Little in Common
Feb 20, 2023
To what extent can the United States still cooperate with China and Russia on global commons issues even in this era of strategic competition? This report, part of a four-part series, describes the potential for U.S. cooperation with China or Russia on eight global commons issues, including freedom of access to space, countering violent extremist organizations, and promoting global stability.
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If there is a set of issues where great power cooperation could be most likely, it should be in the global commons. Global commons issues are — by definition — shared by multiple nations. As part of a broader study of great power cooperation in an era of strategic competition, the authors assessed the potential for U.S. cooperation with China or Russia on eight global commons issues: maintaining freedom of access to space, dismantling transnational criminal organizations/networks, countering violent extremist organizations, promoting global stability, preserving access to the air and maritime commons, preventing nuclear arms races, preventing militarization of the Arctic, and maintaining the openness of cyberspace. The authors sought to understand where the United States, China, and Russia share interests on these issues, what the obstacles to cooperation are, and where the United States might be able to deepen its cooperation with one or both powers.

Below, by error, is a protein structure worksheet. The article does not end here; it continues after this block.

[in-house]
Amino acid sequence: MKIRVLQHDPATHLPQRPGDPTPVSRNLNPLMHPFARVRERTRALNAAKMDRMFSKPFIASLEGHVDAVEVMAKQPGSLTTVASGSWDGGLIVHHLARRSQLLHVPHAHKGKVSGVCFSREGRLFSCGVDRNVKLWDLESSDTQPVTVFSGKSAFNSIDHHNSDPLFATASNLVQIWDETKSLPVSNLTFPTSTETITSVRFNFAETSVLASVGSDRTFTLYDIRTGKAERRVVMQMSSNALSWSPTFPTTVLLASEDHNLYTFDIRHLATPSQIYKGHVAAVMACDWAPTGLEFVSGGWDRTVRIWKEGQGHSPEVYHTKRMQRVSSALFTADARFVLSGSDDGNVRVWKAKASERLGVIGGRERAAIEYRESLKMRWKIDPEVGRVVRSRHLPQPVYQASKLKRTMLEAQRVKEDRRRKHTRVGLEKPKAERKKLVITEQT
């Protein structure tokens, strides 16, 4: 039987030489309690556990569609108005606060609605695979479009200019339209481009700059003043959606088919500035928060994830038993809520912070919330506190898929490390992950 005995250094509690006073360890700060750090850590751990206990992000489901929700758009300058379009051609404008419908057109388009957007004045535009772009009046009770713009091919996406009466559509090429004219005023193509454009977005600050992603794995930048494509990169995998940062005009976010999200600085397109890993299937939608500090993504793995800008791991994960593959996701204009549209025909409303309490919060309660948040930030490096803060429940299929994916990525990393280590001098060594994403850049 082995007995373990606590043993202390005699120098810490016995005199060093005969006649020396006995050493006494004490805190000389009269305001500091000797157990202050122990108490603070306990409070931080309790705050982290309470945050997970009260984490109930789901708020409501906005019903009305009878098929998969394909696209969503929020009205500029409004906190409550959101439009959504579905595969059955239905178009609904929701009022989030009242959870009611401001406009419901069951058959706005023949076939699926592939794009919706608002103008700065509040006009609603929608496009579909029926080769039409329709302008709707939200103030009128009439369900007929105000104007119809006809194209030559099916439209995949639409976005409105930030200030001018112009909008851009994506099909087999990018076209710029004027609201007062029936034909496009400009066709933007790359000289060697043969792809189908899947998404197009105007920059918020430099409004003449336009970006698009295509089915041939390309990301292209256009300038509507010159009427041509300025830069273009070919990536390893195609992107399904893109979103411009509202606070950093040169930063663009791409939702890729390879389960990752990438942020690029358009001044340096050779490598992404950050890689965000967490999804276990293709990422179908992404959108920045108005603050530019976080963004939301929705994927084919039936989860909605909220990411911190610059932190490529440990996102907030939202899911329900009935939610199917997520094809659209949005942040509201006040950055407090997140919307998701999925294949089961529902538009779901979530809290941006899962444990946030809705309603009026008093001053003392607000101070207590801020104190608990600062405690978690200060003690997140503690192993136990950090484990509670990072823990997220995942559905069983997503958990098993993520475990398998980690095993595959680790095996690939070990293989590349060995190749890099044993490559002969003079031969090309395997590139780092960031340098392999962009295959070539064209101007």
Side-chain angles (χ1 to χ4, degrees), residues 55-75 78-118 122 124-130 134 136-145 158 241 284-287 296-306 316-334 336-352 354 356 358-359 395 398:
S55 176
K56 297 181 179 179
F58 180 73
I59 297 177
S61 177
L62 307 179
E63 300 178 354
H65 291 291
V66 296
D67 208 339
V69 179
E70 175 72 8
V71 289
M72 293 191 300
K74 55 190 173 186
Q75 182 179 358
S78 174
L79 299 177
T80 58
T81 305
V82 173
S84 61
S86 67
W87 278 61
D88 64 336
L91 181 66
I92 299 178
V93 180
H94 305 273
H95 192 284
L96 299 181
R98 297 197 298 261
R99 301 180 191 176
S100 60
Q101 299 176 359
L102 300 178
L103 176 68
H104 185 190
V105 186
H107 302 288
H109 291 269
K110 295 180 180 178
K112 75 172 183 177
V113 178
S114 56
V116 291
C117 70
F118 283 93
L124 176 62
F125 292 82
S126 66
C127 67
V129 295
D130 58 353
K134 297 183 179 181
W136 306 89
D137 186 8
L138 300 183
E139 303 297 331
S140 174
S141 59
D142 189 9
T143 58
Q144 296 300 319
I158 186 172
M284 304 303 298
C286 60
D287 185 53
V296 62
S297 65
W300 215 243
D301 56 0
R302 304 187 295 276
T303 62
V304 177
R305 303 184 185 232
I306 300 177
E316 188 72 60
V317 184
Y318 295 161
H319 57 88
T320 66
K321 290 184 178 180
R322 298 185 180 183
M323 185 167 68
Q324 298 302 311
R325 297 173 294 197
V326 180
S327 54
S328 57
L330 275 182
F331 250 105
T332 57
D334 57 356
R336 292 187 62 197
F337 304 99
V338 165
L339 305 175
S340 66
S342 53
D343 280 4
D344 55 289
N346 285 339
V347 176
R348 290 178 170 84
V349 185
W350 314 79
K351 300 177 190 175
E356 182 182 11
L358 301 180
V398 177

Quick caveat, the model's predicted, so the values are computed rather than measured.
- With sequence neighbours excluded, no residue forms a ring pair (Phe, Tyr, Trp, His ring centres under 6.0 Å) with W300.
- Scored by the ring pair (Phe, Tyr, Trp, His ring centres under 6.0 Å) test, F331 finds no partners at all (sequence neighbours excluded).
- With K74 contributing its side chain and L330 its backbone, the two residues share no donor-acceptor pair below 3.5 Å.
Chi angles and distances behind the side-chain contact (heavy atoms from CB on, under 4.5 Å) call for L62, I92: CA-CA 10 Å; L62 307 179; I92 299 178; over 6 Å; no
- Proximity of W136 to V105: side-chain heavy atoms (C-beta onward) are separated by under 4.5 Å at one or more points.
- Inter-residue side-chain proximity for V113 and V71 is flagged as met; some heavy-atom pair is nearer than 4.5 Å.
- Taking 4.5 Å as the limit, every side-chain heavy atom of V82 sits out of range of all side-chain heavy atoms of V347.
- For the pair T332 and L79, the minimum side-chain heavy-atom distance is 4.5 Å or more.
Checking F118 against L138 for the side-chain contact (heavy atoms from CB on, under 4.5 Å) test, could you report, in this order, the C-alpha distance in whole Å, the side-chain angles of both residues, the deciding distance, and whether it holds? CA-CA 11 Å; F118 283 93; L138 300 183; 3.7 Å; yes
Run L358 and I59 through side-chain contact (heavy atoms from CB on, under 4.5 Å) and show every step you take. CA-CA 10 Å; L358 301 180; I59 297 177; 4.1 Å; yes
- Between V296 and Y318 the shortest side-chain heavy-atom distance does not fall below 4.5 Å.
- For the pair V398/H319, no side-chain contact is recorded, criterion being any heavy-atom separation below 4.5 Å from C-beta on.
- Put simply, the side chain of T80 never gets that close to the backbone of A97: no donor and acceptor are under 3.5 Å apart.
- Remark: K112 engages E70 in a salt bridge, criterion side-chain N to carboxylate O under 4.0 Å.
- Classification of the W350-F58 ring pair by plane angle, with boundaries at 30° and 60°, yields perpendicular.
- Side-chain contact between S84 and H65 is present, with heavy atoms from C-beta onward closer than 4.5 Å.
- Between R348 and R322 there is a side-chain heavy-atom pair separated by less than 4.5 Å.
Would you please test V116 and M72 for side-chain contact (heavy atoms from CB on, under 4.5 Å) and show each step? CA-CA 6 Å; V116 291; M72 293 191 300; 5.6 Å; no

The authors find that the trade space for cooperation is already narrow and usually focused more on civilian aspects of these domains rather than core security matters. In general, there is more room for the United States to cooperate with Russia than with China, and there are significant obstacles to cooperation, with a lack of trust being the most common. Finally, cooperation produces both positive and negative externalities, and the costs of cooperation do not always outweigh the likely benefits.
The United States', China's, and Russia's Overarching Objectives in the Global Commons
Issue Area 1: Maintaining Freedom of Access to Space
Issue Area 2: Dismantling Transnational Criminal Organizations/Networks
Issue Area 3: Countering Violent Extremist Organizations
Issue Area 4: Promoting Global Stability
Issue Area 5: Preserving Access to the Air and Maritime Commons
Issue Area 6: Preventing Nuclear Arms Races
Issue Area 7: Preventing Militarization of the Arctic
Issue Area 8: Maintaining the Openness of Cyberspace
Conclusions and Recommendations
The research reported here was commissioned by Headquarters Air Force A-5 Strategy Section and conducted within the Strategy and Doctrine Program of RAND Project AIR FORCE.
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